When done correctly, viral marketing can increase your company’s reach and customer base. Hence, making it worth the risk for some companies. 

Stealth Marketing

Stealth marketing, also called “undercover” marketing, is a type of strategy where a company promotes its product or services in a subtle or hidden way so that the target market won’t realize that it’s a marketing ploy. From the word “stealth,” stealth marketing refers to an advertising strategy that is less obvious, while still using unconventional tactics.

It can be done in many ways and in numerous platforms. In social media, an example could be hashtags, comments, or discussions about a product. However, keep in mind that the environment where you conduct stealth marketing plays a vital role in tickling the curiosity of the people about your product or service.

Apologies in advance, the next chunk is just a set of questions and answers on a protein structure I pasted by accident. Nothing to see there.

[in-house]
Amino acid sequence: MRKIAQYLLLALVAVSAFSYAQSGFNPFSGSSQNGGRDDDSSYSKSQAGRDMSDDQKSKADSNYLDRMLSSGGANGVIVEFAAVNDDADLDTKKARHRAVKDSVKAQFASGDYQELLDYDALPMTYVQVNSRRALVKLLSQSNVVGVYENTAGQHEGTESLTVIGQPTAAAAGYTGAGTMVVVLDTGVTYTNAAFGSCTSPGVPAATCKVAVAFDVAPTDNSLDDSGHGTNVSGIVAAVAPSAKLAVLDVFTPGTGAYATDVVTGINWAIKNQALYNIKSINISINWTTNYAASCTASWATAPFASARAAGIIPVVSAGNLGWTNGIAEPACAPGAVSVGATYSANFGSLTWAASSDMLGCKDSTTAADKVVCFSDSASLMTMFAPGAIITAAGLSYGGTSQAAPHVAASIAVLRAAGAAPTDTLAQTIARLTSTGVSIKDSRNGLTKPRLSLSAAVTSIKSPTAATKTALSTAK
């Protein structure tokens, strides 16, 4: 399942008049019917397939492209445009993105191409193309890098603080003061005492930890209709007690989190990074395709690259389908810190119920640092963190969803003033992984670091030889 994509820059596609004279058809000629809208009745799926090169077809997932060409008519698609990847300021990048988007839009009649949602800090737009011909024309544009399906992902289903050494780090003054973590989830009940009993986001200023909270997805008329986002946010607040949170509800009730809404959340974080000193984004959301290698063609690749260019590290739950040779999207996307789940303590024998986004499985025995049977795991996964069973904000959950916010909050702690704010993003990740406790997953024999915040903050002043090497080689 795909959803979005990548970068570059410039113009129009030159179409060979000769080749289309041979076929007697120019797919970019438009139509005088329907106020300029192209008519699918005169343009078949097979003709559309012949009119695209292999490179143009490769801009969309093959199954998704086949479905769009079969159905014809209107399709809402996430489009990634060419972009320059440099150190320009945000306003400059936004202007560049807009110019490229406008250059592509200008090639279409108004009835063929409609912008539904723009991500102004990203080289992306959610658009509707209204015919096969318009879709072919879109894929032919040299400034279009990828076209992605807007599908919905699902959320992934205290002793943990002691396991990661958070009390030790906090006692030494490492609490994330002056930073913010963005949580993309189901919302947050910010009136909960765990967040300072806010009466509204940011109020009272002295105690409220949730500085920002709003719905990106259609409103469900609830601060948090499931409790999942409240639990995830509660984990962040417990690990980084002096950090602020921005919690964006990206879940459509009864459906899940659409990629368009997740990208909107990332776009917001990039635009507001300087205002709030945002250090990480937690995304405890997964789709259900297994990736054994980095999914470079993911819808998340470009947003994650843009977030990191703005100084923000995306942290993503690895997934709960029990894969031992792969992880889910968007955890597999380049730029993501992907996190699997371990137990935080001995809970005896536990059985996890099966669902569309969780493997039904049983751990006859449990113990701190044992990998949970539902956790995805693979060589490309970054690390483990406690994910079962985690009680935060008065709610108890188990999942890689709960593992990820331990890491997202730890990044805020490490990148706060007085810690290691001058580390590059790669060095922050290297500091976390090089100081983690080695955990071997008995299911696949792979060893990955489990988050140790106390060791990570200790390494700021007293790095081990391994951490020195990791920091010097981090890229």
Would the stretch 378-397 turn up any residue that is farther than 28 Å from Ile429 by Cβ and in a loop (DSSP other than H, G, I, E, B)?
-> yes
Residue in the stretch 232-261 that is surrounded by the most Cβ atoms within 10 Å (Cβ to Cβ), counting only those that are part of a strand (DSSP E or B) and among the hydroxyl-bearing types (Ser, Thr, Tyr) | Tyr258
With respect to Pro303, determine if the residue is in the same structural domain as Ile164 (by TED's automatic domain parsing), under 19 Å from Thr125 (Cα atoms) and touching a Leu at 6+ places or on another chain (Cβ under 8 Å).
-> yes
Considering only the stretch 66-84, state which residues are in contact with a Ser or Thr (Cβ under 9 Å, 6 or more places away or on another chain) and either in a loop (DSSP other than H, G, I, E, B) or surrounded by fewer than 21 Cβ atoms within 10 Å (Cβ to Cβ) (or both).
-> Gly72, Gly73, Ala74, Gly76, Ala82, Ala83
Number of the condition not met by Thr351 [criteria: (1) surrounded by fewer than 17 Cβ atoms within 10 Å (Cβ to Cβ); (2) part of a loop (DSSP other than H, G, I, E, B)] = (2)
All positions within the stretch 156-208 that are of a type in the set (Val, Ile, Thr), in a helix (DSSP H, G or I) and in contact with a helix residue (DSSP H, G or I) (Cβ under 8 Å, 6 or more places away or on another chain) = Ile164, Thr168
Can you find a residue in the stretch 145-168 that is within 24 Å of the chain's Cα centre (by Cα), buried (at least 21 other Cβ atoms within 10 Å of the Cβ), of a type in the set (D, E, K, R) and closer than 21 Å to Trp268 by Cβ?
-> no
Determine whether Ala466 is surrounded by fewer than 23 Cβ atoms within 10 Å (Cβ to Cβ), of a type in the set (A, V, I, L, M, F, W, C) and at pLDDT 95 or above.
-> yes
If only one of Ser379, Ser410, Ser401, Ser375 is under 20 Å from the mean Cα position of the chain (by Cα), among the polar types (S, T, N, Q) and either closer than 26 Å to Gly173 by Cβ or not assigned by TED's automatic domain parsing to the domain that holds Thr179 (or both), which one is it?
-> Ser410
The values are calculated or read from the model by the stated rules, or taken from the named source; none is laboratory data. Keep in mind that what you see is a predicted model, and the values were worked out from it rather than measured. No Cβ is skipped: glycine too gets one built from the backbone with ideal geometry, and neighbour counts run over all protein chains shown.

Another example includes products conveniently and subtly placed in movies or sports events.

Ambush Marketing

Ambush marketing, also called predatory ambushing or coat-tail marketing, is a type of strategy where a company tries to associate its products or services with a big event that already has official sponsors or is owned by another company. 

Ambush marketing

Most of the time, it involves riding on a major campaign without actually paying or participating in the sponsorship of the event. Most of the time, it happens in sports events.

For example, in the 2006 World Cup, Nike launched a social networking website for soccer fans while Adidas paid millions for the Cup Sponsorship. Nike claimed they got the same exposure as Adidas, without having to pay as much.